Task Force on Climate-related Financial Disclosures (TCFD)

In 2015, the G20 Finance Ministers and Central Bank Governors asked the Financial Stability Board (FSB) to review how the financial sector could consider climate-related issues. This led to the establishment of the TCFD, which developed disclosures to improve reporting of climate-related risks to support progress towards the Paris Agreement’s goals.

In 2017, the TCFD released their final report with recommendations to help companies to disclose climate-related financial information. These recommended disclosures were based on 11 questions within the key four pillars defined by the TCFD: Governance, Strategy, Risk Management, and Metrics and Targets. In the same year, they also published guidance for implementing those recommendations in all sectors and for the use of scenario analysis to better understand how resilient a company is when facing different future scenarios.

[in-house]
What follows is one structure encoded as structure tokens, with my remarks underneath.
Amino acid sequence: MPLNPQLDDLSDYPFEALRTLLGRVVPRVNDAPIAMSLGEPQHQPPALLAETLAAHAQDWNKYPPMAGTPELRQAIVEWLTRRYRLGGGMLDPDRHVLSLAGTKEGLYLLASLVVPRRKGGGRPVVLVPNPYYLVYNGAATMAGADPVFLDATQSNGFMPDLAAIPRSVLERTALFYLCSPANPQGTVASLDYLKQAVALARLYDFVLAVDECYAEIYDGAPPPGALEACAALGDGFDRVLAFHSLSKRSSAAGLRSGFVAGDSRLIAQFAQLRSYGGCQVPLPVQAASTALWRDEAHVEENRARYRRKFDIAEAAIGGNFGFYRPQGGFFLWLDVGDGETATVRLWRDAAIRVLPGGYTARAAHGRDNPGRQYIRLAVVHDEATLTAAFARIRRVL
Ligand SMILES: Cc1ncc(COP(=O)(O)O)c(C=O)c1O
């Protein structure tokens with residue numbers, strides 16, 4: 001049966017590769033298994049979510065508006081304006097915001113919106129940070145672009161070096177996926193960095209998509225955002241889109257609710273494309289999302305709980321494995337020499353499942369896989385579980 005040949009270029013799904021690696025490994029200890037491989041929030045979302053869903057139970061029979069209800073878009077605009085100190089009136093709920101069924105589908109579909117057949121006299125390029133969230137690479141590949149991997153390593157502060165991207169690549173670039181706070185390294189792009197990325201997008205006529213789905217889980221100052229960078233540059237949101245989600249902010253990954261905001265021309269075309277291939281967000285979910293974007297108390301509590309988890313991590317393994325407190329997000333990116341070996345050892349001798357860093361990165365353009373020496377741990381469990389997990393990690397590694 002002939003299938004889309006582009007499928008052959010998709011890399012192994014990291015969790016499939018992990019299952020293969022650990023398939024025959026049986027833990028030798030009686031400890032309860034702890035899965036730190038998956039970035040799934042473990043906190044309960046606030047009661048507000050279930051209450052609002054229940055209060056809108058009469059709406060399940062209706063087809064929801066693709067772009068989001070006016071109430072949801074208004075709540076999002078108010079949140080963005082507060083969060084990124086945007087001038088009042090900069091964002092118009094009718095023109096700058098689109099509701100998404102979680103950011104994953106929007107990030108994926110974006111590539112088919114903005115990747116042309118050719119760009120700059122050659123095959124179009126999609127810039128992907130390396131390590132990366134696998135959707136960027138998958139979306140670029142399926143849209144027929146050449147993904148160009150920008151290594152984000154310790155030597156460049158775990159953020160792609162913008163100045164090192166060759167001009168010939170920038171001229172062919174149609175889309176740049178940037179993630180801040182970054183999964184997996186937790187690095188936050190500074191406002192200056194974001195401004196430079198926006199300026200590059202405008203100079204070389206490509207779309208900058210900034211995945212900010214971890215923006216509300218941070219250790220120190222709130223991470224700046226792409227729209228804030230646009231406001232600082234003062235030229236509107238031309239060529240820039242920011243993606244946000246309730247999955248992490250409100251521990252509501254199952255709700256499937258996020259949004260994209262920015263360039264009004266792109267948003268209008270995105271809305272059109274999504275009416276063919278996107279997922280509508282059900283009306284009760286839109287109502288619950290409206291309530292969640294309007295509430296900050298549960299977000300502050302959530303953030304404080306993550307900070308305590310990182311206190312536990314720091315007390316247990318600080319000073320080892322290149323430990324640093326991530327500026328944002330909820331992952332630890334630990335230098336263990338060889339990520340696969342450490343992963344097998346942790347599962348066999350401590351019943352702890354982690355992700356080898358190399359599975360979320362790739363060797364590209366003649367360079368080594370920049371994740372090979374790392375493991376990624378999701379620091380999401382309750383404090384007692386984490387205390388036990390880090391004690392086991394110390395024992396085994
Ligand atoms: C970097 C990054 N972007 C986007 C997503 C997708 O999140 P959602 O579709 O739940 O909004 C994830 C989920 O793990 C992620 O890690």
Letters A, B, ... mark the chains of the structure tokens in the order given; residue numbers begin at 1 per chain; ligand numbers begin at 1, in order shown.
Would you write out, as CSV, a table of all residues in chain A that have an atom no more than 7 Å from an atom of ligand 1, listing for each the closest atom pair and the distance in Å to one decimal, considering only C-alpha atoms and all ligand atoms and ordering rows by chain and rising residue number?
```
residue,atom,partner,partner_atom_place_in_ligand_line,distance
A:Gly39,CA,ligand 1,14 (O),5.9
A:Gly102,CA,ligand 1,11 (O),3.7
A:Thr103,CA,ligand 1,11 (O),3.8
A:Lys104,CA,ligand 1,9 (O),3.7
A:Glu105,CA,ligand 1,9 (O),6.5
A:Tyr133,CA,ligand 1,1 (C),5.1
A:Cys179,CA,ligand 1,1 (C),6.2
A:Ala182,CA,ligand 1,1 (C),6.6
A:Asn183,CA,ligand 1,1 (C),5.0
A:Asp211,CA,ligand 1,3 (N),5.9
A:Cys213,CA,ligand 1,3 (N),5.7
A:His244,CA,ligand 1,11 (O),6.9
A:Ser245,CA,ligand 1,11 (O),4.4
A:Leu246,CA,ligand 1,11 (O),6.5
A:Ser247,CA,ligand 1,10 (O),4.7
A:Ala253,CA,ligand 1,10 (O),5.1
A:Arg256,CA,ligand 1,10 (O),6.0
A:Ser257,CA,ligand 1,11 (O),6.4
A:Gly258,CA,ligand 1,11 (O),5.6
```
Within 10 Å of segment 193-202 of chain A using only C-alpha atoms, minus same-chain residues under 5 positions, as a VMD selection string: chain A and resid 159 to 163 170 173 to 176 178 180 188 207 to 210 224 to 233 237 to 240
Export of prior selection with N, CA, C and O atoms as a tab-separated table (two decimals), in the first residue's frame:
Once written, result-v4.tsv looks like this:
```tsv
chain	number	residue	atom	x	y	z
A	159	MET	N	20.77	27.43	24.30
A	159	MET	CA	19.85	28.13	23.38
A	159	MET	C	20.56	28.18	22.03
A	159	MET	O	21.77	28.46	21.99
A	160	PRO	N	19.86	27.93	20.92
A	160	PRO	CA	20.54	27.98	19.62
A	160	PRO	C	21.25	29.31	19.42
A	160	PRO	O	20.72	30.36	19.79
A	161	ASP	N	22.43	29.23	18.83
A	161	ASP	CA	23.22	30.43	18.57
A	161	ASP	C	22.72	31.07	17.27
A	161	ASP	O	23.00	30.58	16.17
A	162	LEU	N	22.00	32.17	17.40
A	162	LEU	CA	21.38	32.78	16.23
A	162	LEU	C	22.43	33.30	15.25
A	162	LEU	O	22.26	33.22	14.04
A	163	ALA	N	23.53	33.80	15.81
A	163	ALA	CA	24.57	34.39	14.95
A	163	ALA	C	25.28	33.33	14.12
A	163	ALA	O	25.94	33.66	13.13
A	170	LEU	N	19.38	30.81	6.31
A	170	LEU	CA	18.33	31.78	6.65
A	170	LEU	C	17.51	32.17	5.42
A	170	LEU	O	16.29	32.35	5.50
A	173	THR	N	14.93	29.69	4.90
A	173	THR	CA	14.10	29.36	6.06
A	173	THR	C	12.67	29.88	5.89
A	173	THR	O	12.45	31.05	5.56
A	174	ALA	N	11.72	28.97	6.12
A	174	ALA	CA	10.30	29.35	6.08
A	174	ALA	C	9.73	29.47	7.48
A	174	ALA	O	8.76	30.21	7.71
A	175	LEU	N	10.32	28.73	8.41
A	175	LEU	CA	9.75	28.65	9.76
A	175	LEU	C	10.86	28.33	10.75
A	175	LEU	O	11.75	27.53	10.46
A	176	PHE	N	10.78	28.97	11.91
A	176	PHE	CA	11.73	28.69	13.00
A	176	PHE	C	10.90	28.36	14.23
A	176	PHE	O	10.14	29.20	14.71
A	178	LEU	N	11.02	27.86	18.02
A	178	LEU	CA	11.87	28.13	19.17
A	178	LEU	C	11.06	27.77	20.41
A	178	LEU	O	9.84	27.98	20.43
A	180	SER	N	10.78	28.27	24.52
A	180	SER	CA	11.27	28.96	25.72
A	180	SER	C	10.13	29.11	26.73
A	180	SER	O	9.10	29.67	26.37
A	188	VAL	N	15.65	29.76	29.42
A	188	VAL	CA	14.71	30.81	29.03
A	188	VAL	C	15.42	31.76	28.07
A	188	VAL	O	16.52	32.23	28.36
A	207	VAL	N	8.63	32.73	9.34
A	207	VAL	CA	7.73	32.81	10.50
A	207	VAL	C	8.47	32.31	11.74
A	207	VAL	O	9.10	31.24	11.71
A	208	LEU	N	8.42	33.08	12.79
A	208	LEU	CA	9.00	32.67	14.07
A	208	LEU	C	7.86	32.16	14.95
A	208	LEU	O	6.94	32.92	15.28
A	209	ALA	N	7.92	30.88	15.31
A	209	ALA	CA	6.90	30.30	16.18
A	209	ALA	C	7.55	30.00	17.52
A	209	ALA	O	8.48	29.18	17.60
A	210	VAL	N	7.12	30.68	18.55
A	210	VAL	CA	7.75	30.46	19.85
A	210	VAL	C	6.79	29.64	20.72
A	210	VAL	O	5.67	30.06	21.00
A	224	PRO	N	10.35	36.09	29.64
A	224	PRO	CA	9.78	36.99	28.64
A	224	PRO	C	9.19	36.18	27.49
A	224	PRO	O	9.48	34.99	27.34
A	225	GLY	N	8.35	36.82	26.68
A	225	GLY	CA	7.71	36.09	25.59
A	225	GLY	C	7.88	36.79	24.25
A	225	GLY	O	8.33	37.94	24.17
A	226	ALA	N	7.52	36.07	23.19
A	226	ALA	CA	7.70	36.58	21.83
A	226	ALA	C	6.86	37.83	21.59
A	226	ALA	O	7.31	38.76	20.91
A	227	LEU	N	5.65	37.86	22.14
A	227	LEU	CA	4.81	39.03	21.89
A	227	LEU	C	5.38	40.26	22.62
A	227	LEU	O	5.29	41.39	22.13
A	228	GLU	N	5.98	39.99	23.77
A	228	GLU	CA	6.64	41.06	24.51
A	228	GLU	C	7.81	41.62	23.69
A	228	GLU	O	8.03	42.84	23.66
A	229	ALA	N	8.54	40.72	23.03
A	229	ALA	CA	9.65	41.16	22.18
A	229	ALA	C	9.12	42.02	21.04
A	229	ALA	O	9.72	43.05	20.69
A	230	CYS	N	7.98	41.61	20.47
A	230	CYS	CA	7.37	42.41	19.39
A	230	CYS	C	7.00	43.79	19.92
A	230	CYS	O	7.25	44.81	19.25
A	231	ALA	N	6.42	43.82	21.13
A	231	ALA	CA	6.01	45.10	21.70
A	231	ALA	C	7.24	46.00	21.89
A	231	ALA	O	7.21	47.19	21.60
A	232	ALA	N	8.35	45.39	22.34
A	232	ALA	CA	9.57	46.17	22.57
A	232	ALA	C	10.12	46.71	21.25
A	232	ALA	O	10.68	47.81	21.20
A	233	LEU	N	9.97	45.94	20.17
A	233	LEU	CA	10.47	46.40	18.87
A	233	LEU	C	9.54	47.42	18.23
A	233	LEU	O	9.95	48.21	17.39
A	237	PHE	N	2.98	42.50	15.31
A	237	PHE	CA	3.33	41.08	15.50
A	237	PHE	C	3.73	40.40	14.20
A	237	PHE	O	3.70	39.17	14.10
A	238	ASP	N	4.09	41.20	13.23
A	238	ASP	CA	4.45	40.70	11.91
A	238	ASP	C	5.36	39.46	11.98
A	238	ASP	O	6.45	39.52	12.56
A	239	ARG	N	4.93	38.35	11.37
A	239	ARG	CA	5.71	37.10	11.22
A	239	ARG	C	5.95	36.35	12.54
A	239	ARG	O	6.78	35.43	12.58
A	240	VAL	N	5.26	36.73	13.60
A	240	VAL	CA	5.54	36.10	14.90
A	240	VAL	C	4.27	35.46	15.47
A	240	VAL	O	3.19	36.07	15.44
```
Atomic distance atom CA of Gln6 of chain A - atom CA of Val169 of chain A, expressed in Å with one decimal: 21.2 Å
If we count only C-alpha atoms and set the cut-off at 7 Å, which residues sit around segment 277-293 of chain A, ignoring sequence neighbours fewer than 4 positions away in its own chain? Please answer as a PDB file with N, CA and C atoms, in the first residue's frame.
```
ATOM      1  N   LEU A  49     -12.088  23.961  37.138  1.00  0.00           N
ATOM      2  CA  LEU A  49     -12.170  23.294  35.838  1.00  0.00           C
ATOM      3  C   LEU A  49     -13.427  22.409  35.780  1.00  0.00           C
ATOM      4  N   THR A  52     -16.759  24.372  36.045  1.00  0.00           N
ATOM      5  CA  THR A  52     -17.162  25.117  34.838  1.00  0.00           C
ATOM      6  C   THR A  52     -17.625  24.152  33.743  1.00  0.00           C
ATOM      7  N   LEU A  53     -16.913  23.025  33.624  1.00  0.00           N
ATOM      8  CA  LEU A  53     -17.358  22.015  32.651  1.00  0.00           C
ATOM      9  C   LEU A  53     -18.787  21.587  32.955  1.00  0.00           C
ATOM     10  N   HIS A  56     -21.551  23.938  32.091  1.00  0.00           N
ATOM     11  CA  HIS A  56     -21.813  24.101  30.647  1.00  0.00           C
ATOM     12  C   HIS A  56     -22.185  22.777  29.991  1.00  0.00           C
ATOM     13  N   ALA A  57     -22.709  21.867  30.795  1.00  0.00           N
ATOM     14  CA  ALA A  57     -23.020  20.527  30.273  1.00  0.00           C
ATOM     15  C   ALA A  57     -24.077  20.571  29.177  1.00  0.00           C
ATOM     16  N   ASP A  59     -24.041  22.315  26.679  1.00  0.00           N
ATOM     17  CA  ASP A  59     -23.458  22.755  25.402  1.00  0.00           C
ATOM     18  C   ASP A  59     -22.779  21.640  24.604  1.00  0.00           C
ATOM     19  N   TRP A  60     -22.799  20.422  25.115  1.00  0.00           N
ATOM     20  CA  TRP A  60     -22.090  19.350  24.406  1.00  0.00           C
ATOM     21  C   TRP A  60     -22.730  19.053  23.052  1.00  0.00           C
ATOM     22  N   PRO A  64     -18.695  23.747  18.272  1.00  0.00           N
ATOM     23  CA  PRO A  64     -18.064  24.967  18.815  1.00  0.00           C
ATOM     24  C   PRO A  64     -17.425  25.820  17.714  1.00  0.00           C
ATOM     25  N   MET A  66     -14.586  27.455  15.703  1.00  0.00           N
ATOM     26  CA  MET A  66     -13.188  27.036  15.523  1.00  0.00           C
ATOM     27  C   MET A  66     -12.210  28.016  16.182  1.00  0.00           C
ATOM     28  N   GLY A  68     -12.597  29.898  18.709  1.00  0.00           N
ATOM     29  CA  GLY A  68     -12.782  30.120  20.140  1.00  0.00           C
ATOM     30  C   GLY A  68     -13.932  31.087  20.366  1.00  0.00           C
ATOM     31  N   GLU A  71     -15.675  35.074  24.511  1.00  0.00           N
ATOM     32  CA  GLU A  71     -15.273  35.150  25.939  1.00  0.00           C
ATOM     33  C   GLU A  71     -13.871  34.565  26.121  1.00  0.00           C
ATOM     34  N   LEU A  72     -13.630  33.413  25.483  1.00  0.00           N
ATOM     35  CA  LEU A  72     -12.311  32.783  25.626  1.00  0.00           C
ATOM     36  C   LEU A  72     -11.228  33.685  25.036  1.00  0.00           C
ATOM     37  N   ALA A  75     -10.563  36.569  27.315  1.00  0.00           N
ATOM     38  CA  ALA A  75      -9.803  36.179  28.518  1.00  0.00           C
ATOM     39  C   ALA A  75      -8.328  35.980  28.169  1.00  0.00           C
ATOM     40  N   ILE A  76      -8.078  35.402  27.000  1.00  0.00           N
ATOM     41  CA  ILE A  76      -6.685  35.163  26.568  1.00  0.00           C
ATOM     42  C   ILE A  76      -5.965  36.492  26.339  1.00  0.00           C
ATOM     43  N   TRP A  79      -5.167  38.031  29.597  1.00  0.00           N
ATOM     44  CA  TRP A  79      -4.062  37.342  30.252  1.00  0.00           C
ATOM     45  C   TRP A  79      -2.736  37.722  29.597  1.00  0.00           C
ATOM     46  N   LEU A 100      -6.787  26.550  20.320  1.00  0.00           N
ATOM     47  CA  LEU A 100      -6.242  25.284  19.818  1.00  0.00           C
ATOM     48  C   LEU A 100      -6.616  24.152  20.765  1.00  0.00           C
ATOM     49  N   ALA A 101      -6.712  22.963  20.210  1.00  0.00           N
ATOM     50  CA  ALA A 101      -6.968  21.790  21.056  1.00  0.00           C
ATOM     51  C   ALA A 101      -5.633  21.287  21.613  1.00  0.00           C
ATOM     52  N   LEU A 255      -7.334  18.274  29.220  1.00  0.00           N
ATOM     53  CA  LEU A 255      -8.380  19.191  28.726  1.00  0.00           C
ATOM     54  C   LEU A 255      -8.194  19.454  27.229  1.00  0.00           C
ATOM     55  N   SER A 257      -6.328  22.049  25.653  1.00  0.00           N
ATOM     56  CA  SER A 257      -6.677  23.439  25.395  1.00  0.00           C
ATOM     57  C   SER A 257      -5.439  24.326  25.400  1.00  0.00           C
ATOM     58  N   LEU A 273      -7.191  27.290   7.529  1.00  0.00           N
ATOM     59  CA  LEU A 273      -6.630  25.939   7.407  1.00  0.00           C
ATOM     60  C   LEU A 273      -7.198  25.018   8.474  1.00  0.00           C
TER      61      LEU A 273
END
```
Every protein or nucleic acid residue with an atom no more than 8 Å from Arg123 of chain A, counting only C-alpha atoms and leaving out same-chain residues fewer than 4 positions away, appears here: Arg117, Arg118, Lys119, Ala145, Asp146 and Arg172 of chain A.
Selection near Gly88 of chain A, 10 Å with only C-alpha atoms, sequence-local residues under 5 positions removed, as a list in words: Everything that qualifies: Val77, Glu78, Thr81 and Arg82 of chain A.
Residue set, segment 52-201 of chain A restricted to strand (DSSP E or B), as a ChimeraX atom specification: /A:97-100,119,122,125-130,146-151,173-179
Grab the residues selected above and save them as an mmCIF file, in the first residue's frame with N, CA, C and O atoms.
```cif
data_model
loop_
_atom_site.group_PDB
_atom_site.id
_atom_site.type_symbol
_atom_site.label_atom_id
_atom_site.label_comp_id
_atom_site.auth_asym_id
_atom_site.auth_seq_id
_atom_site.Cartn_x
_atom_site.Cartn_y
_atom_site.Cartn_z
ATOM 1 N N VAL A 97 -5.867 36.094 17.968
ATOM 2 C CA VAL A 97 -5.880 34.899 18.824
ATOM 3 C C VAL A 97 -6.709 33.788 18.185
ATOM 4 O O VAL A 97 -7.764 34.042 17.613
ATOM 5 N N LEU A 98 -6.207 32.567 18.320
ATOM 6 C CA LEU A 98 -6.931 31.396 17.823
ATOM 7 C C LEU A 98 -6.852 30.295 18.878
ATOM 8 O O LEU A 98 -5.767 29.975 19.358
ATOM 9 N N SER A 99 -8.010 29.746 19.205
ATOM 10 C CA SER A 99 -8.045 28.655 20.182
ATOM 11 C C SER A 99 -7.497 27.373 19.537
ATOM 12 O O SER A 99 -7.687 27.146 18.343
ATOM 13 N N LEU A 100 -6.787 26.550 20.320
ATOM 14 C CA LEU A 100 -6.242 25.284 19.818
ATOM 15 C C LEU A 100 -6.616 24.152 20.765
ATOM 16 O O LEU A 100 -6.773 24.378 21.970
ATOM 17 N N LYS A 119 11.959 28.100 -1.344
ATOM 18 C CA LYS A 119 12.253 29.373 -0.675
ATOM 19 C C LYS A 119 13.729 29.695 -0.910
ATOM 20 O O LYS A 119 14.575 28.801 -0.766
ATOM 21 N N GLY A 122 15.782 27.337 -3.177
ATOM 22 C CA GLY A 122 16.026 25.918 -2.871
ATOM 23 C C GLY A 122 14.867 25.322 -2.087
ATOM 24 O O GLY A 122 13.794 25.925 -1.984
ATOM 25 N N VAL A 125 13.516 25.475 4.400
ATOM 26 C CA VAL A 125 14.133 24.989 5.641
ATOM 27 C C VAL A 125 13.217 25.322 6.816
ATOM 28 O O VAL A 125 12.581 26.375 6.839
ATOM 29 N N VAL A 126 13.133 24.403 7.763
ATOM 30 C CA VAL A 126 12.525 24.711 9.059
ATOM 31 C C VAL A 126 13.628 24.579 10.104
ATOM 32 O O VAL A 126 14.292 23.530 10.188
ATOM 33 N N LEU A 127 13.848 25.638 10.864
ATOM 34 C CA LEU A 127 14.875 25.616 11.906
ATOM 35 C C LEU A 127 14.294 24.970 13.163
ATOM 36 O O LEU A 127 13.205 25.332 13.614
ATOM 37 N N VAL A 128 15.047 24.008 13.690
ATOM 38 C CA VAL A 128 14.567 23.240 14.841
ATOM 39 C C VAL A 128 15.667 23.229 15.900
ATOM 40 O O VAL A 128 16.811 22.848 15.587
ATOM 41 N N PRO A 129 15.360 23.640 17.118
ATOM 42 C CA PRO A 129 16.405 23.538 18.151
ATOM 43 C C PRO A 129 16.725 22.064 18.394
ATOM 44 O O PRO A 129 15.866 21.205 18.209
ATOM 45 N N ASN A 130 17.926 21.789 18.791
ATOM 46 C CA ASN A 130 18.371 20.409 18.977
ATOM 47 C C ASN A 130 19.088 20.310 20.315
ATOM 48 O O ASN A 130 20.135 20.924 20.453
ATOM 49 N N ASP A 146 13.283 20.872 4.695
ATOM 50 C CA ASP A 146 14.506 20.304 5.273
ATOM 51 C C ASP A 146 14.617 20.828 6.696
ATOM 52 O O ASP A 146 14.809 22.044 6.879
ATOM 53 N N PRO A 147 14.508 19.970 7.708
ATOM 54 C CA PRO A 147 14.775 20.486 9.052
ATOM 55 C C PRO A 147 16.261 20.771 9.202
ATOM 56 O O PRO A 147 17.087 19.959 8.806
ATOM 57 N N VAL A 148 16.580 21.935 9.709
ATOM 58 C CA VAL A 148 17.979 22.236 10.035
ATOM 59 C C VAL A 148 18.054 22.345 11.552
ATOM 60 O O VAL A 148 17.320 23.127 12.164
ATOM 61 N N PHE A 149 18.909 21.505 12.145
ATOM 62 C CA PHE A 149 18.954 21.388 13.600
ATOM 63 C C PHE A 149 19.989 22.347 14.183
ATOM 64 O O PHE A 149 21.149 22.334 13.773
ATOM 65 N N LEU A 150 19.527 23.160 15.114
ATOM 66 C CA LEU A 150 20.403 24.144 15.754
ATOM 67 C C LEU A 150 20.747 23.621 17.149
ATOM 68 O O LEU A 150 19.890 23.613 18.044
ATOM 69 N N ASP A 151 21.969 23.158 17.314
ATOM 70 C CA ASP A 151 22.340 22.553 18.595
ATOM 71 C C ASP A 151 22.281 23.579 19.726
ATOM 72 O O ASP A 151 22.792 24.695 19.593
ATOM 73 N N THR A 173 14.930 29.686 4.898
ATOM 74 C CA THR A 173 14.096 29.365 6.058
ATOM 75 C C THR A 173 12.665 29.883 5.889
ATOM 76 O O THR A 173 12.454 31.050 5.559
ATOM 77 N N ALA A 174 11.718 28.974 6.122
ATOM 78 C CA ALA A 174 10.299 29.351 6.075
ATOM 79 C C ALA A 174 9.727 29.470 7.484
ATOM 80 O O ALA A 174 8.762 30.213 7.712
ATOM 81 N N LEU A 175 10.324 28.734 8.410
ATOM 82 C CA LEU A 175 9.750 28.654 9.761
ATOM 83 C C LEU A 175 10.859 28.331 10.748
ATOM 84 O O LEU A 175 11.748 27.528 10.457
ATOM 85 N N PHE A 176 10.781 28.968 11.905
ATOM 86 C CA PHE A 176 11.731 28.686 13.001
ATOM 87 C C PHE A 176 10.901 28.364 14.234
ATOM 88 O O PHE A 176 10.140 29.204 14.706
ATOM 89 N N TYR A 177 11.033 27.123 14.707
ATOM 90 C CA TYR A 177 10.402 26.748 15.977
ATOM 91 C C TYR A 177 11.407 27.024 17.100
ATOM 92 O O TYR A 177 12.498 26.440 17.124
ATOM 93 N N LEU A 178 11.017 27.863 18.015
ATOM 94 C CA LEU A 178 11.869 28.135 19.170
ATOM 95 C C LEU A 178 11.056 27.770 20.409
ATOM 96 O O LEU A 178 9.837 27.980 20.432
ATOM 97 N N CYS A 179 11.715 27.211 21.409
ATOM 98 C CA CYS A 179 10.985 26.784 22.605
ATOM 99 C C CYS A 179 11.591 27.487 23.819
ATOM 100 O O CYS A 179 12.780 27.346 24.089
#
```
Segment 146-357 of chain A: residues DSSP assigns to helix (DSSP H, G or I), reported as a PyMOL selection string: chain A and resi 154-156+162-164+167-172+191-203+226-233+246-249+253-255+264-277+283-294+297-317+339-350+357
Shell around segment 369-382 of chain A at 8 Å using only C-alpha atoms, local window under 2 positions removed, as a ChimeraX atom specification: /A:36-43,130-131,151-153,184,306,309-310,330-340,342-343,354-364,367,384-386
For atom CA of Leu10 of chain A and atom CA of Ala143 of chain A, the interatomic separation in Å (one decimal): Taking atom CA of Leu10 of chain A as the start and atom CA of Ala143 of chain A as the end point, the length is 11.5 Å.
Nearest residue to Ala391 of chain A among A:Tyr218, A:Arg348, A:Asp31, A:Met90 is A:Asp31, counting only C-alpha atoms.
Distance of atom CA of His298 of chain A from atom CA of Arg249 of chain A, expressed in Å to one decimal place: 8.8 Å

Since then, the TCFD has released additional supporting material and yearly Status Reports which can be found  within the TCFD resources. In 2021, the TCFD published a summary of changes in relation to their implementing guidance and new guidance on Metrics, Targets and Transition Plans. This framework has more than 2,600 supporters, and further guidance around TCFD disclosures continues to emerge, including the guide recently published by the London Stock Exchange Group for London-listed companies.

In 2019, the UK government set out its expectation for all listed companies and large asset owners to disclose in line with the TCFD recommendations by 2022 in its Green Finance Strategy report. Later in November 2020, the UK Government announced that climate risk reporting, in line with TCFD disclosures, will become mandatory across the UK economy by 2025. In its Interim Report, the UK Government sets out its roadmap towards mandatory TCFD-aligned disclosures, with deadlines by the end of 2021 for occupational pension schemes (>£5bn), premium listed companies and banks, buildings societies and insurance companies.

Sustainability Accounting Standards Board (SASB)